W. A. S. BIRD, attorney and counselor at law, came to Topeka, September 11, 1880, and has been engaged in practice here since that time. He was born at Addison, Pa., August 31, 1855, and received his education at Somerset and Meyersdale of that State, where he taught school for five years. He removed to Falls City, Neb., March 19, 1878, and read law there with Clarence Gillespie, until September 7, 1880, when he was admitted to the bar, and at once removed to Topeka. Mr. Bird is a member of the I. O. O. F.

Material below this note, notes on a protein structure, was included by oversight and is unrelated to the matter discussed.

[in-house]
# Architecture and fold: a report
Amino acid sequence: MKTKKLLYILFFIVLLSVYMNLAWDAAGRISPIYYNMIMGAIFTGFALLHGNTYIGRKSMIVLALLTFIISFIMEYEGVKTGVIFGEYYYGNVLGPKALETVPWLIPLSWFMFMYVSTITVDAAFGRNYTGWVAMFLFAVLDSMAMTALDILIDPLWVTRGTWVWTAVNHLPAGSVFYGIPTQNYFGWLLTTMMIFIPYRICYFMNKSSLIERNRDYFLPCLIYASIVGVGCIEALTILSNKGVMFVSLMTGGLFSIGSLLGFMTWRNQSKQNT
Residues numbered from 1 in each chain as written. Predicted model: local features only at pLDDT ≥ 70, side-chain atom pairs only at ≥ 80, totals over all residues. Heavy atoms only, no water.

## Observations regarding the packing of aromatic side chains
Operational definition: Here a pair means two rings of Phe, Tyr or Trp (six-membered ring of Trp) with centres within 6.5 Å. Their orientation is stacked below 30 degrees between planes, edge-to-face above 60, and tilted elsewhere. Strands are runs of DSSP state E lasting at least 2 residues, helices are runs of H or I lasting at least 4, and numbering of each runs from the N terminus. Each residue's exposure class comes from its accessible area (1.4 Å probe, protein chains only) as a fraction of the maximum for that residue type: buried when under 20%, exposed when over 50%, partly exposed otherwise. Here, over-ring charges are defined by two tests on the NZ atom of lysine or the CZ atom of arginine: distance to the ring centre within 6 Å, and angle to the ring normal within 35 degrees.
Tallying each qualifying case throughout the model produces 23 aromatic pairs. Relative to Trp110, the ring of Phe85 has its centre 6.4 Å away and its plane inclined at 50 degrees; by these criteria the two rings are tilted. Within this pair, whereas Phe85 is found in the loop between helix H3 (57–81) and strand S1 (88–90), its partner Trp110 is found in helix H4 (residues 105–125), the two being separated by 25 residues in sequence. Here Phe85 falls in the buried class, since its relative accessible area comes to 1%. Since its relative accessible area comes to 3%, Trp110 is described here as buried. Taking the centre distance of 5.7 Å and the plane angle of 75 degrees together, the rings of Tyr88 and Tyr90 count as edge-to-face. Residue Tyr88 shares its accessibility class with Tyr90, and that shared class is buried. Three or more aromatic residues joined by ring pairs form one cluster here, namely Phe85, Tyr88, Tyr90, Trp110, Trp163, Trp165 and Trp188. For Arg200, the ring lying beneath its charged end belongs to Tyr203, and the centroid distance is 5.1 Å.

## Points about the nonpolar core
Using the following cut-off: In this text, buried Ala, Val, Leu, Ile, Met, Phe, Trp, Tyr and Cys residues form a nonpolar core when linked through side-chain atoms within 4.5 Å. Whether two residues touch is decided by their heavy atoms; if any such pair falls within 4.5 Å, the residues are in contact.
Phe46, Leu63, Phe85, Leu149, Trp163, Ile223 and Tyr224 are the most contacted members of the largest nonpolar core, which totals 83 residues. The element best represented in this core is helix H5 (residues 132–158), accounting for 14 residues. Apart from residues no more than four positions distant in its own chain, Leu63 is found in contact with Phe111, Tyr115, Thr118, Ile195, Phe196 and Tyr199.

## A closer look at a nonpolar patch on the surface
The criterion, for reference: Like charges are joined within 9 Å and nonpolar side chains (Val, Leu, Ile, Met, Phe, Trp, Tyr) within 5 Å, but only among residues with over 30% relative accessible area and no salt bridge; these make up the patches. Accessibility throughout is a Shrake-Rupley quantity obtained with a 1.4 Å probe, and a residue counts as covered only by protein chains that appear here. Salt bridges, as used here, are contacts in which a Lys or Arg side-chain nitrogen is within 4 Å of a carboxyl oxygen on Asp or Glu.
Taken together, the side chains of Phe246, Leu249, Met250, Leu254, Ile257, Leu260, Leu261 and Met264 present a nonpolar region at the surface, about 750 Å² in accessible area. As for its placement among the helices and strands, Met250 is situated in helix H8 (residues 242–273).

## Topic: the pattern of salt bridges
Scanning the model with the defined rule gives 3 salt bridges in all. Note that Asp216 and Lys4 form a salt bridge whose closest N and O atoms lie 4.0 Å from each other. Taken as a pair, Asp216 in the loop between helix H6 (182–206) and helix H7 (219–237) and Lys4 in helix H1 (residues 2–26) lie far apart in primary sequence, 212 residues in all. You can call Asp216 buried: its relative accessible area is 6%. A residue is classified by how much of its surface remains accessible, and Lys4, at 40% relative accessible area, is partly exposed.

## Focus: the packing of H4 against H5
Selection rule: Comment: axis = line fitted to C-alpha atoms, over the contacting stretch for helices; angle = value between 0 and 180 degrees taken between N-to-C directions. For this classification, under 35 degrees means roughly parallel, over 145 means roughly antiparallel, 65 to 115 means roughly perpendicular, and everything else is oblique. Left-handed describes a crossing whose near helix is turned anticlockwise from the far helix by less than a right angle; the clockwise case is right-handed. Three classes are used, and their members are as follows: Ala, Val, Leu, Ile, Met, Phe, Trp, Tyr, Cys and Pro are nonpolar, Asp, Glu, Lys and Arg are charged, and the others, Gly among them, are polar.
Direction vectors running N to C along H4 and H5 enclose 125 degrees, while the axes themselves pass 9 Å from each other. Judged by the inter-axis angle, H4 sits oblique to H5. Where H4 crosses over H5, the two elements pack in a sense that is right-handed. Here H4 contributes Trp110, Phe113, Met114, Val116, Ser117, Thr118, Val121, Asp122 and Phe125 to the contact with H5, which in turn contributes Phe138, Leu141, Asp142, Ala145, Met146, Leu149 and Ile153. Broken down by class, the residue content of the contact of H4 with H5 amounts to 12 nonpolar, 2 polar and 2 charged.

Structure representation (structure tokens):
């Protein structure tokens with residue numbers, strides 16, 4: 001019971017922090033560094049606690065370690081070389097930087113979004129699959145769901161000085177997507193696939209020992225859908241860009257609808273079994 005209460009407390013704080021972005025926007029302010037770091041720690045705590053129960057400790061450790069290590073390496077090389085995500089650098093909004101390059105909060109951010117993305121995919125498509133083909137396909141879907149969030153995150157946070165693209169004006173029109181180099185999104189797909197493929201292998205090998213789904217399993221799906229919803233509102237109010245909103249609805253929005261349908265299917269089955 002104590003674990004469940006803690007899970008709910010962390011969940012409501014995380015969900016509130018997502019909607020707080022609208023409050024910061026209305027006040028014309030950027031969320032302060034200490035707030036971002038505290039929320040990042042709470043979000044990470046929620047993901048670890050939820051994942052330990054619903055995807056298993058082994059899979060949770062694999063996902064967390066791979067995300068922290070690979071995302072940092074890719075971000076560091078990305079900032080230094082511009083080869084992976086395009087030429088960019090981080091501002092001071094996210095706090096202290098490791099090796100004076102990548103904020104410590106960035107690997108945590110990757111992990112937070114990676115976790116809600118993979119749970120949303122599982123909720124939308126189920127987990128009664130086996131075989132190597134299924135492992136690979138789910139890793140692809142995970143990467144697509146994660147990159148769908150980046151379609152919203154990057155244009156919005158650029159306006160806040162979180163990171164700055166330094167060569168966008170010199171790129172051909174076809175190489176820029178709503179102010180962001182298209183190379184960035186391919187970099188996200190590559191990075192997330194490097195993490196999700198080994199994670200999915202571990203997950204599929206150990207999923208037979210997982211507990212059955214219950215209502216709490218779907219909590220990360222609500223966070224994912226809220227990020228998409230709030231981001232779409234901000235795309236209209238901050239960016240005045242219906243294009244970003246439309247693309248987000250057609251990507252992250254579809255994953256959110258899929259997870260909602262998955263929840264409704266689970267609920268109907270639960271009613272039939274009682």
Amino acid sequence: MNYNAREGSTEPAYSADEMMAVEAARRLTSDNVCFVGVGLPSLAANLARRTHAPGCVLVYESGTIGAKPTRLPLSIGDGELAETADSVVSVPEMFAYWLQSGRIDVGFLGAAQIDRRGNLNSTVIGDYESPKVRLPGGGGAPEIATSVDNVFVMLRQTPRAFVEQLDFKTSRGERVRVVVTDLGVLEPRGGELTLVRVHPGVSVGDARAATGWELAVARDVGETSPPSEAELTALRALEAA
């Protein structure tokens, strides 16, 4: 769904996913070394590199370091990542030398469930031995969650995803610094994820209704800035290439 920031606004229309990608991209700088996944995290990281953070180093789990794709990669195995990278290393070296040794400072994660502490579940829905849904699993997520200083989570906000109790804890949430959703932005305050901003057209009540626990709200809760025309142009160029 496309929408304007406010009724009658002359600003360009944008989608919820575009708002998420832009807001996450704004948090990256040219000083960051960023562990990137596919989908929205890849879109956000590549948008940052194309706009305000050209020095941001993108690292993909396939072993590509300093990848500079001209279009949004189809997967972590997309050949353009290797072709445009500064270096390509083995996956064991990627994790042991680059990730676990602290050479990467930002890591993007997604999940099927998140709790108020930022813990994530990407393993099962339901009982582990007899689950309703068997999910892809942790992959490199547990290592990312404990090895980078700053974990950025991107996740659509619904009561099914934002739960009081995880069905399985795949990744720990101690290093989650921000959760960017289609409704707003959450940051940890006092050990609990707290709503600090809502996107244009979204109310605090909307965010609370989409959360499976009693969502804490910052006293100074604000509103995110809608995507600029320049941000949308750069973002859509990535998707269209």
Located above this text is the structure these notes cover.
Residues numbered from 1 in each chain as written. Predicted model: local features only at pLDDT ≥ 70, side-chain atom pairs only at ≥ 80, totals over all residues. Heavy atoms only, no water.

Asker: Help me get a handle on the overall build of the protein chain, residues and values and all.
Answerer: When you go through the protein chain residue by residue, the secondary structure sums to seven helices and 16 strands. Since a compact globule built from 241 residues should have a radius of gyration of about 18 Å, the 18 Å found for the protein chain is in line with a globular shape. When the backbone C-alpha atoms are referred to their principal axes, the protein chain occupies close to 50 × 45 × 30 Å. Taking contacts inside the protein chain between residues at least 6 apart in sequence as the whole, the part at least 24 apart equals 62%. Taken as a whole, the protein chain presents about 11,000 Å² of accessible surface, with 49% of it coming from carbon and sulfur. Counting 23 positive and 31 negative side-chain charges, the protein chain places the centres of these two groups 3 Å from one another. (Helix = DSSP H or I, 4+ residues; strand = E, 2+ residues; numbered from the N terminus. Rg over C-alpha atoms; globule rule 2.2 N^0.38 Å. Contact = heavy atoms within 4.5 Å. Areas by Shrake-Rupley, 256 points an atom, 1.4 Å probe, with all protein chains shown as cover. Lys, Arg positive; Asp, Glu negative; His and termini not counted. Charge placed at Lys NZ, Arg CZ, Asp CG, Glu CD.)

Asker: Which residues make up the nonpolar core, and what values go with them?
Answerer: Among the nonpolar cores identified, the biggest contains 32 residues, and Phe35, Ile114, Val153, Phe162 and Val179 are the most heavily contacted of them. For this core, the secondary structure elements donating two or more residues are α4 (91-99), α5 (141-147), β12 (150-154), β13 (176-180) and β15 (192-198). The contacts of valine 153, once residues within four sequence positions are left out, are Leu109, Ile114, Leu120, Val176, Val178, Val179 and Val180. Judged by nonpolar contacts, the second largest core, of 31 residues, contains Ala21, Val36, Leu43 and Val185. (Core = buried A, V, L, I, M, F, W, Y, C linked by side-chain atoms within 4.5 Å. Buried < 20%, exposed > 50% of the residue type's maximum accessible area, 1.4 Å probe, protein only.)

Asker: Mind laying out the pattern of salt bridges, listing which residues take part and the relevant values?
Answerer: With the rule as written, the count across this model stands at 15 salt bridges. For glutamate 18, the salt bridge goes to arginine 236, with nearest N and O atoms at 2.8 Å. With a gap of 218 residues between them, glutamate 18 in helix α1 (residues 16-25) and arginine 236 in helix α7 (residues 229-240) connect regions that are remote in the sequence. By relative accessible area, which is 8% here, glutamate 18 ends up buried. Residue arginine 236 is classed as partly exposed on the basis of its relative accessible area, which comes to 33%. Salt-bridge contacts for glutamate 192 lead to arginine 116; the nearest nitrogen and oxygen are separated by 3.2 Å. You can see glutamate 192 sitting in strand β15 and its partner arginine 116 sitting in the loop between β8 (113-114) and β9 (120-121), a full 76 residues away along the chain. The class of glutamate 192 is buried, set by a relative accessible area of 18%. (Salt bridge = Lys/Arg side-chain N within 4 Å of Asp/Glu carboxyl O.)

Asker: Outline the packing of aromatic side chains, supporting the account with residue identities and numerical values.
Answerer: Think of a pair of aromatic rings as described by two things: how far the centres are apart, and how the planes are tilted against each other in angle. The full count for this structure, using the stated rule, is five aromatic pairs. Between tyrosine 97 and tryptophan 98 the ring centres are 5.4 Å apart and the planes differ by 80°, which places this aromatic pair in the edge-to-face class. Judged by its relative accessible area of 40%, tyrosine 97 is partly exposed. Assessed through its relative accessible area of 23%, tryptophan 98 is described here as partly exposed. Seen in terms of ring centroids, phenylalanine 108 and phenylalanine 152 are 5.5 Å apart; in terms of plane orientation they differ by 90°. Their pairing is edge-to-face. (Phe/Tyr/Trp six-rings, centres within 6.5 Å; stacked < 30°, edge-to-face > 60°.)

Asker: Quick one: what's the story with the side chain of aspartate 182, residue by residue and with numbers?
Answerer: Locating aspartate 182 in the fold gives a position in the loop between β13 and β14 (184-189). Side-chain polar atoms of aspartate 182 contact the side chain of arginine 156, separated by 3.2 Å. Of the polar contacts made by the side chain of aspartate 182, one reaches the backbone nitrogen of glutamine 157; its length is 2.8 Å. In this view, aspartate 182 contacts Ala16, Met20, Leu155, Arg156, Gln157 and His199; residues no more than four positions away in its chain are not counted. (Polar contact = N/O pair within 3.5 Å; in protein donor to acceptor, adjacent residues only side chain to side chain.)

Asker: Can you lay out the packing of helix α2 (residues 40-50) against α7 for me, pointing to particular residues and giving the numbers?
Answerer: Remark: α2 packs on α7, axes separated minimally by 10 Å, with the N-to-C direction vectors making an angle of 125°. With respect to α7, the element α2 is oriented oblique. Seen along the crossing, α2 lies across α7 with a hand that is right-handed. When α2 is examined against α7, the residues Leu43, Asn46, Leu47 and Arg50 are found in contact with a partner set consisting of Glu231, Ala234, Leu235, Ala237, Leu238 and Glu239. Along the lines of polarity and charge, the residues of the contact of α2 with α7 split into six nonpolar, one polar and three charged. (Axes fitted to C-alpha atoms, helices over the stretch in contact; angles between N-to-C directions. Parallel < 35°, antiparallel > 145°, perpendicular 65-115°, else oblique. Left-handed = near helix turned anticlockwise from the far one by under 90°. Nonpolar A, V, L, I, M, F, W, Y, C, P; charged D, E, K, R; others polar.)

LINUS BLAKESLEY, Pastor First Congregational Church, was born at Terryville, Conn., December 16, 1837. Fitted for college at Kimball Union Academy, Meriden, N. H. Spent two years of his college course at Amherst, 1856 to 1858, then went to Yale from which he graduated in 1860. Studied theology at Lane Theological Seminary, Cincinnati, Ohio. After graduating from Lane, in 1863, spent one year there as instructor in Hebrew. Settled at Piqua, Ohio, in 1864, and preached there until 1870, when he removed to Kansas, locating at Topeka, as Pastor of the First Congregational Church. The Church at that time had a membership of 135, which had increased to 350 in 1882. The present church edifice was completed in the spring of 1881, and is commodious and beautiful. Mr. Blakesley was president of the school board from 1877 to 1879 and is an active and useful citizen, and worker in the cause of humanity and Christianity. He married Miss Nellie Treat, of Terryville, in August, 1866, and they have six children, of whom--Henry A., Nellie L., Fannie E. and Charles A. are now living.